She further called on Liberians to reject dual citizenship because, "Liberians are no part in our own economy".
According to her, the December 8 national referendum is "untimely and confusing." And as such, the process must be suspended by the government, through the National Elections Commission (NEC).
"I am among those who believed that the referendum is untimely. There needs to be proper consultation. Why is government not listening to its citizenry? Why are the advisors not talking truth to the Executive Head of government? What is wrong in asking the state to abide by the constitution? What legacy are we passing on to the nation's future leadership"?
Madam Akerele further urged citizens to take government to the ECOWAS court if it fails to adhere to the recent ruling from the Supreme Court of Liberia detailing errors by the NEC to proceed with the conduct of the referendum.
She called for the upholding of the Liberian constitution by government officials in a bid for Liberia to regain its position among the comity of nation and a legacy to be left behind for the next generation of future leaders.
"If we do not protect the constitution, we are at risk and this is very, very important".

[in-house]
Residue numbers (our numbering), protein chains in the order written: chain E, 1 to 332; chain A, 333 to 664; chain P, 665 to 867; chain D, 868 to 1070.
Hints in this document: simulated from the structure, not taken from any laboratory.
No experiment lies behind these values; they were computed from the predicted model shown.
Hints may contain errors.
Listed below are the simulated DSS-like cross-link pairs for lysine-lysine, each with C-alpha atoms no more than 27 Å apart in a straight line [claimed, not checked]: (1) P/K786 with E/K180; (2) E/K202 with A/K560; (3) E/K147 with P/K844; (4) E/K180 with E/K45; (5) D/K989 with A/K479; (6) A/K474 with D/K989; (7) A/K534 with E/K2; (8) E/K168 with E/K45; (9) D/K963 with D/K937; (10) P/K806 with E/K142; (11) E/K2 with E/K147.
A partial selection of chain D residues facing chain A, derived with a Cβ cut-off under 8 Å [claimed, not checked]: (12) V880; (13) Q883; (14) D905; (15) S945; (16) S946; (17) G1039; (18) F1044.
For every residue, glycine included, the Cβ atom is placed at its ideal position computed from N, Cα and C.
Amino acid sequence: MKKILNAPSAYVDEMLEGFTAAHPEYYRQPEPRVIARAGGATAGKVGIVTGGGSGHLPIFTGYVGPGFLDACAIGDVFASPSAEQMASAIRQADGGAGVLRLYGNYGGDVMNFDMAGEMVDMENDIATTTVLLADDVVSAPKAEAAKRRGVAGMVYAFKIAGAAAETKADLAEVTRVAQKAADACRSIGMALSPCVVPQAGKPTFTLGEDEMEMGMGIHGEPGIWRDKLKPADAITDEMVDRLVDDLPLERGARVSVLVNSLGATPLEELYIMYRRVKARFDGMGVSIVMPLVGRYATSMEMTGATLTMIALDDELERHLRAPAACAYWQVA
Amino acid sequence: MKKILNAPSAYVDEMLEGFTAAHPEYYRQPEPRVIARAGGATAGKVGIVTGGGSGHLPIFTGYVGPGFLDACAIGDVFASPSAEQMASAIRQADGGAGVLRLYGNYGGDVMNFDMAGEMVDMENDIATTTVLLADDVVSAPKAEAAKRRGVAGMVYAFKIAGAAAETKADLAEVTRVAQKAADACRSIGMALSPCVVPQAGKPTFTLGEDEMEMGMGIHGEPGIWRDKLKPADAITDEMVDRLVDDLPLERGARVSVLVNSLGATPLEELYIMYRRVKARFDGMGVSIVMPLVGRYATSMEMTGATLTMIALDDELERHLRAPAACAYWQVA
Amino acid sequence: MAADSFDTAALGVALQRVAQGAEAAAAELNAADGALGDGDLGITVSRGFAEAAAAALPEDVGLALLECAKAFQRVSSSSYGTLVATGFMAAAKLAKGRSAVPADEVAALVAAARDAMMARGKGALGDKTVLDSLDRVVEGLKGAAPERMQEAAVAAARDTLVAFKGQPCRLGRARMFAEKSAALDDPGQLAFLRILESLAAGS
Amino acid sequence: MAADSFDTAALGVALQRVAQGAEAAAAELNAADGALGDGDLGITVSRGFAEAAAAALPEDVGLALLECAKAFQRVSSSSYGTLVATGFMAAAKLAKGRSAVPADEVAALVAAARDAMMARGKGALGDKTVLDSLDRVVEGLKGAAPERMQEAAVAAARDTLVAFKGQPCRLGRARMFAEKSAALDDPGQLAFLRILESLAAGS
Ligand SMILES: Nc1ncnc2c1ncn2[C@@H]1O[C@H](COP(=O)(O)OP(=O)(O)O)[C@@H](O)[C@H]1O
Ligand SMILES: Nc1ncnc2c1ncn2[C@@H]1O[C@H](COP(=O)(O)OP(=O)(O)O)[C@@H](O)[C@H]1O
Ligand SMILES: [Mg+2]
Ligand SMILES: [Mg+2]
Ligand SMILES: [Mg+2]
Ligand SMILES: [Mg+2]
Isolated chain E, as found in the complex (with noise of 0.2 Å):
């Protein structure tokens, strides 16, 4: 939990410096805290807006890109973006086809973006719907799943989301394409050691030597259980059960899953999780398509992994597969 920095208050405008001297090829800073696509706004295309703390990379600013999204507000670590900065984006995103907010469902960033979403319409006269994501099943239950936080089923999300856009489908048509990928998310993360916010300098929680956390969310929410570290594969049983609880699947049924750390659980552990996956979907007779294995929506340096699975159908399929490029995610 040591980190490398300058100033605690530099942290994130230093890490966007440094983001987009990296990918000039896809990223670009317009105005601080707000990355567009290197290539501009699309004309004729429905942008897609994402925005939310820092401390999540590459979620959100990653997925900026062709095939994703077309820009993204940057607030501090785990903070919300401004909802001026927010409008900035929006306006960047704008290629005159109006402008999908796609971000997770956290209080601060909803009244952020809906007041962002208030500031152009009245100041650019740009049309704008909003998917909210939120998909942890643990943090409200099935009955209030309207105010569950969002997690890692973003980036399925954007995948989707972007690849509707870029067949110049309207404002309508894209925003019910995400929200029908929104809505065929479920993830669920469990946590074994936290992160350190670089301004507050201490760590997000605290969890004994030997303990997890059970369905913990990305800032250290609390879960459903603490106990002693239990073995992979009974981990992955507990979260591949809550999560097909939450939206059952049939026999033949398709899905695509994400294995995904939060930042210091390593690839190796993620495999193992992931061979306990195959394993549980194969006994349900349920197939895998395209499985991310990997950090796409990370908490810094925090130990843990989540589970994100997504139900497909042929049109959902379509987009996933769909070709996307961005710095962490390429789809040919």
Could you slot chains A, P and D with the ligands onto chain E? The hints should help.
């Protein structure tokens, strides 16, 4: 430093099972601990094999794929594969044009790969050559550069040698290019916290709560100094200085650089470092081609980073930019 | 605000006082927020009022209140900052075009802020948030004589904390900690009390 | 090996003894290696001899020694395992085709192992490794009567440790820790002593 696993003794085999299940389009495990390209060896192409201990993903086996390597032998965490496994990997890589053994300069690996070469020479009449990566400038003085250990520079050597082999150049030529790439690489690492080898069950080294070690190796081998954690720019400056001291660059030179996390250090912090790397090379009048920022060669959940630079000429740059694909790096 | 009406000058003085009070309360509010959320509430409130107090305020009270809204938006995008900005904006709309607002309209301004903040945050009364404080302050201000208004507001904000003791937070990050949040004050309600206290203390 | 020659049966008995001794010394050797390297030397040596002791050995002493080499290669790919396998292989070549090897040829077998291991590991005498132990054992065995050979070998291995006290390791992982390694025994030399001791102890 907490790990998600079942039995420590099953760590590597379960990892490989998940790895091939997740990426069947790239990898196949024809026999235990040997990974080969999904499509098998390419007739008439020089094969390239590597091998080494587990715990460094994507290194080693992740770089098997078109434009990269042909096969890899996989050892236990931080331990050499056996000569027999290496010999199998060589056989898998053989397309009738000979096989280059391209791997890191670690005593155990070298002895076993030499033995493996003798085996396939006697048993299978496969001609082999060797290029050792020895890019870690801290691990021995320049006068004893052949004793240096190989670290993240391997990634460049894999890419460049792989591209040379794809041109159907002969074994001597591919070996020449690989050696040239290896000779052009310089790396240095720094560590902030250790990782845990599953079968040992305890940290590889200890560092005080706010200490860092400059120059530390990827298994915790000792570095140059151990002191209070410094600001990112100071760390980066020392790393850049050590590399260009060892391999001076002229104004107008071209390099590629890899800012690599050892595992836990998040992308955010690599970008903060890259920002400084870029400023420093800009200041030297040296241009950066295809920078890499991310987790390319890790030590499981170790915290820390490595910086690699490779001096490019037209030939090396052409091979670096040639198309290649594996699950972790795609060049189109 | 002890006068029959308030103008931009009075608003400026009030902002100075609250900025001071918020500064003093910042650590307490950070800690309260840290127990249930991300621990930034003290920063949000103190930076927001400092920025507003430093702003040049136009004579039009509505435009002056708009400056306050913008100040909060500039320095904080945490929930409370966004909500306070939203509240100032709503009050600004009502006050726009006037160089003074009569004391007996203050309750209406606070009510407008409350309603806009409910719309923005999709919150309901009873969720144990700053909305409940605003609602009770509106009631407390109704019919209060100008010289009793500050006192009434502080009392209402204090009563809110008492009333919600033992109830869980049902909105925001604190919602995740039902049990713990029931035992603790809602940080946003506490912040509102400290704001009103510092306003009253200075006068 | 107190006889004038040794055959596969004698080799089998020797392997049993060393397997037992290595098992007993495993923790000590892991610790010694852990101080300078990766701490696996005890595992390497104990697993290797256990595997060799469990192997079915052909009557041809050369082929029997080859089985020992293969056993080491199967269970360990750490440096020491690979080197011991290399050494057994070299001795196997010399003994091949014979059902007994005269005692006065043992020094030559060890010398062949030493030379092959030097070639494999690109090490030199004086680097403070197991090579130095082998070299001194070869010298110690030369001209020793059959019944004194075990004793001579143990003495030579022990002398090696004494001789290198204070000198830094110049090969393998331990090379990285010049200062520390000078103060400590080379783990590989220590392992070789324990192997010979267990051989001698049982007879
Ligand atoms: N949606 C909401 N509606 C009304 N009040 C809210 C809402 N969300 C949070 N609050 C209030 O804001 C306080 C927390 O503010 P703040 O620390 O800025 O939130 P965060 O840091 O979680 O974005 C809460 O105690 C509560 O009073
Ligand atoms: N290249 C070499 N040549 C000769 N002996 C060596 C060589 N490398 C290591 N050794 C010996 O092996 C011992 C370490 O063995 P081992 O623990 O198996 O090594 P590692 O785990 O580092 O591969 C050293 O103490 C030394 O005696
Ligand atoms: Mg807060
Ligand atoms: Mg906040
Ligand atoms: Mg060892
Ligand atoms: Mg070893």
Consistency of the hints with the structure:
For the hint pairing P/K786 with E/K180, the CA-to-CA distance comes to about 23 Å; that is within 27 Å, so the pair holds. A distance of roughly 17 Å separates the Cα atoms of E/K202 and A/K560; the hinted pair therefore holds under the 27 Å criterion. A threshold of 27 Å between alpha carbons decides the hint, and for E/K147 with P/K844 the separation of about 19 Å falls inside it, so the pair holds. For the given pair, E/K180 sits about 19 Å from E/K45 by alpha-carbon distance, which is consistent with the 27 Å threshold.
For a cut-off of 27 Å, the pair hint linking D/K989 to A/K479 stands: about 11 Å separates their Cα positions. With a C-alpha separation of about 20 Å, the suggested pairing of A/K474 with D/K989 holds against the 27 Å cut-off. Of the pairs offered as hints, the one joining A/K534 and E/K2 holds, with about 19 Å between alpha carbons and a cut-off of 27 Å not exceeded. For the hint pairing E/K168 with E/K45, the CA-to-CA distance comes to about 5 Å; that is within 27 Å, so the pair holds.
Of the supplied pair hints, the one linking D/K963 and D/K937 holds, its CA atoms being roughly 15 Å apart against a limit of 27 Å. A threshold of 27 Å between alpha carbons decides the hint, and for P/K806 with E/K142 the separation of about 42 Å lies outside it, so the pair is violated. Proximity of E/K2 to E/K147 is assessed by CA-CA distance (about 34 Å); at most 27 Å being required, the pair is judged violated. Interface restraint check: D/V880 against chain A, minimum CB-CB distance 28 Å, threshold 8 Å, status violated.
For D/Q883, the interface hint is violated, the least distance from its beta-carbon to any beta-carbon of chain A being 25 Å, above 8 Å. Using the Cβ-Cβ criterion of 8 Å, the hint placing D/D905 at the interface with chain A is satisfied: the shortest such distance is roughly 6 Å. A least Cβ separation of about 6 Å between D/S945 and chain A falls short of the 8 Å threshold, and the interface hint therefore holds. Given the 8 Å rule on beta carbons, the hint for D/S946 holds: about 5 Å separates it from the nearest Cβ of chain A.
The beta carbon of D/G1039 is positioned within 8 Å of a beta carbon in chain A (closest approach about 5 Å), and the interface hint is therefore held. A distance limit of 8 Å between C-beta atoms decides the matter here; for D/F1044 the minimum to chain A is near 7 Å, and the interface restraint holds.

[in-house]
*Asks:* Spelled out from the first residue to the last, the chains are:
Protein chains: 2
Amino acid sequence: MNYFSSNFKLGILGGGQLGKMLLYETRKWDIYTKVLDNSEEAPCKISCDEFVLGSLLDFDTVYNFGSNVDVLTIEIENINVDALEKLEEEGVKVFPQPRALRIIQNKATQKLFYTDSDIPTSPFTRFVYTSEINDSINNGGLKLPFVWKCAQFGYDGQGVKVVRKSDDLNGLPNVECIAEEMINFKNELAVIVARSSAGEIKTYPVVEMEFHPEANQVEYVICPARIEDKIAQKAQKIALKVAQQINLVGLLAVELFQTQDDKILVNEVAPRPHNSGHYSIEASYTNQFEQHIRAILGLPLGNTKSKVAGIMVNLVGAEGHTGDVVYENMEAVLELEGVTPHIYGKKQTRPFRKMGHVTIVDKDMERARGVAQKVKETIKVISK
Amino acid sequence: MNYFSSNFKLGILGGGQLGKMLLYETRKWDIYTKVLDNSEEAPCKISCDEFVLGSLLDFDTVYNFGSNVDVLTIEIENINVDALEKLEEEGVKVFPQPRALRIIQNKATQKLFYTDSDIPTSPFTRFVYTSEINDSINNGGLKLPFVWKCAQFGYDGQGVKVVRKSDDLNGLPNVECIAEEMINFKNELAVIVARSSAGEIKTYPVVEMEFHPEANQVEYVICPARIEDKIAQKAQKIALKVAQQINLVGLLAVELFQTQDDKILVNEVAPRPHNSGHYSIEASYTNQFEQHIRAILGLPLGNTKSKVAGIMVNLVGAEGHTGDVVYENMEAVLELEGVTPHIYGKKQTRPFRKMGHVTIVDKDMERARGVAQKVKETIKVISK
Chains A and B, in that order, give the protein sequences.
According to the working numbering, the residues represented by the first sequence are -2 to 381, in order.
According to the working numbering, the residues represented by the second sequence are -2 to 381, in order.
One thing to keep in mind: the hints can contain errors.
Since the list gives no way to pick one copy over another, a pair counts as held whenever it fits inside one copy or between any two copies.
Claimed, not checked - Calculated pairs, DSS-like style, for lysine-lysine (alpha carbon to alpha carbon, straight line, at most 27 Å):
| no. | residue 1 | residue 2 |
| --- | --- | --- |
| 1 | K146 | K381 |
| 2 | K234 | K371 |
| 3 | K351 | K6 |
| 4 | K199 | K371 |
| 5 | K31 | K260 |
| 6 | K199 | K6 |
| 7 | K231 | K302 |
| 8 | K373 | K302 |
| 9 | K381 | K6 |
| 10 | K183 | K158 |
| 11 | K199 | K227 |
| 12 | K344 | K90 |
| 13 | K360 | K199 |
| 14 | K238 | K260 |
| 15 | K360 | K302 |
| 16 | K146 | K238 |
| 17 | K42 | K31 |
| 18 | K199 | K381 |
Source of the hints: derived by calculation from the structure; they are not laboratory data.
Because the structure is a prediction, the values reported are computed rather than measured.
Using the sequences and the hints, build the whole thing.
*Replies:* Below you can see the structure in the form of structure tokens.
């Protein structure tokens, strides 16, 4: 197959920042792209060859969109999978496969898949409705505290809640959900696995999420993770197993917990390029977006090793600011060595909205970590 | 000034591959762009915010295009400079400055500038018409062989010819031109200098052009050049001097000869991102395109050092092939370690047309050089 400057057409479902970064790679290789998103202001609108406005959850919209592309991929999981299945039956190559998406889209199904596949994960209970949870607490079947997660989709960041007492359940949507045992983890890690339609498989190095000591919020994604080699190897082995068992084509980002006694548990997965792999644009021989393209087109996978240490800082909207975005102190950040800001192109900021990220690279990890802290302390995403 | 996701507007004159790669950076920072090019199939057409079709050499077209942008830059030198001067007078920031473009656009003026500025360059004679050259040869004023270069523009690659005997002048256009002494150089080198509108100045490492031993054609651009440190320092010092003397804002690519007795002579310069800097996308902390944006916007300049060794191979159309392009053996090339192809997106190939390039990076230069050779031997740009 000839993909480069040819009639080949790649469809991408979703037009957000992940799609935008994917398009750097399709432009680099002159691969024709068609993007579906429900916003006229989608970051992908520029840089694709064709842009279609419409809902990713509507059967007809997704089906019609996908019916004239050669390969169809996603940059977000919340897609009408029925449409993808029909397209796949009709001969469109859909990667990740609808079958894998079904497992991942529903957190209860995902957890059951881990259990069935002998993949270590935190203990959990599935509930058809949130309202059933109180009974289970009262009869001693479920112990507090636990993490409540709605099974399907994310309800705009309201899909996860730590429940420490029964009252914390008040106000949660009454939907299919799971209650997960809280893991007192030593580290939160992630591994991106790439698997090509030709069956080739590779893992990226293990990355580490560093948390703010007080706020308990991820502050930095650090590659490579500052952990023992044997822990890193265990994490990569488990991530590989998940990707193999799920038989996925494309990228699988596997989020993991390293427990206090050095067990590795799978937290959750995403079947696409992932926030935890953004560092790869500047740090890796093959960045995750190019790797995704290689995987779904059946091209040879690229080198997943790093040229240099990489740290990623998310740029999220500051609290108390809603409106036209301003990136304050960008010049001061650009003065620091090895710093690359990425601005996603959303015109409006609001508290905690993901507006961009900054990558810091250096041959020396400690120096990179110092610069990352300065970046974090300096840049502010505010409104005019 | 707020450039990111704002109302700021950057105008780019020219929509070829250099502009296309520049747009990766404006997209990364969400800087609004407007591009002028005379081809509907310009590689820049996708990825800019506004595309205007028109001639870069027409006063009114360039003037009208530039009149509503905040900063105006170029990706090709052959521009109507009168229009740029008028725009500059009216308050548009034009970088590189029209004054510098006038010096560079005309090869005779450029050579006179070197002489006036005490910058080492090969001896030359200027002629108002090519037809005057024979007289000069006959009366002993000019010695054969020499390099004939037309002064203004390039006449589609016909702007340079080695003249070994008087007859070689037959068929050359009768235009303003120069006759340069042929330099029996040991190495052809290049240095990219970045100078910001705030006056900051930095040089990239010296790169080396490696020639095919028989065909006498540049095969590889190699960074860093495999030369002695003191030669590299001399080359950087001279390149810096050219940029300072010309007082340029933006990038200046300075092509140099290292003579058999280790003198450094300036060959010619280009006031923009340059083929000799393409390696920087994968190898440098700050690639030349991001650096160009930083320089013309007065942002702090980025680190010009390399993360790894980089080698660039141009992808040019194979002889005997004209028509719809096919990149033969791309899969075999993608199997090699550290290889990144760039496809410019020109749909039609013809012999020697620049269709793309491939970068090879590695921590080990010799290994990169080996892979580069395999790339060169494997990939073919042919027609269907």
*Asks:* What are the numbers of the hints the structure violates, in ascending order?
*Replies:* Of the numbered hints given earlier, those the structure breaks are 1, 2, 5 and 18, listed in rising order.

Madam Akerele, however, stressed the need for the dependency syndrome to be discouraged in Liberia.
Speaking further, Madam Akerele observed that the failure of Liberians to support each other to excel remains a major challenge in the country.
According to her, most citizens do not love to see their fellow compatriots succeeding.
"The challenge is us Liberians. We are our own worst enemies. We do not want to see each other succeeding".
She used the occasion to commend Liberia's former Minister of Finance and Foreign Affairs, Mr. Augustine Kpehe Ngafuan, for his selection as Country Manager of the African Development Bank (AfDB) to Uganda.
According to her, the selection of Mr. Ngafuan brings "proud and dignity" to Liberia and its citizens.
Madam Akelere commended the graduates for making their families proud, and urged them to put to work what they were taught by their professors and lecturers.
She urged them not to allow the politics that continue to destroy the nation to be "the order of your day".
Also speaking, the President of the AME University, Dr. Alvin E. Attah urged the graduates to make meaningful contributions to impact their country and the world at large.
"You have done your works and today mark your ending and beginning. You have written papers and chapter after chapter; you have over certified the requirements needed. You have survived the storm".
For his part, the Deputy Minister for Administration at the Ministry of Education, Alexander Duopu, challenged the graduates to be innovative and creative to help rebuild Liberia.
He urged them to go out and be "good citizens".
Minister Duopu further urged the newly graduates of the teachers' college at the university to take advantage of the pending recruitment of about 1000 teachers by the government, through the ministry.
According to him, the ministry will work with authorities of the university to ensure that these graduates are accorded the opportunity to serve their country at public secondary schools in Liberia.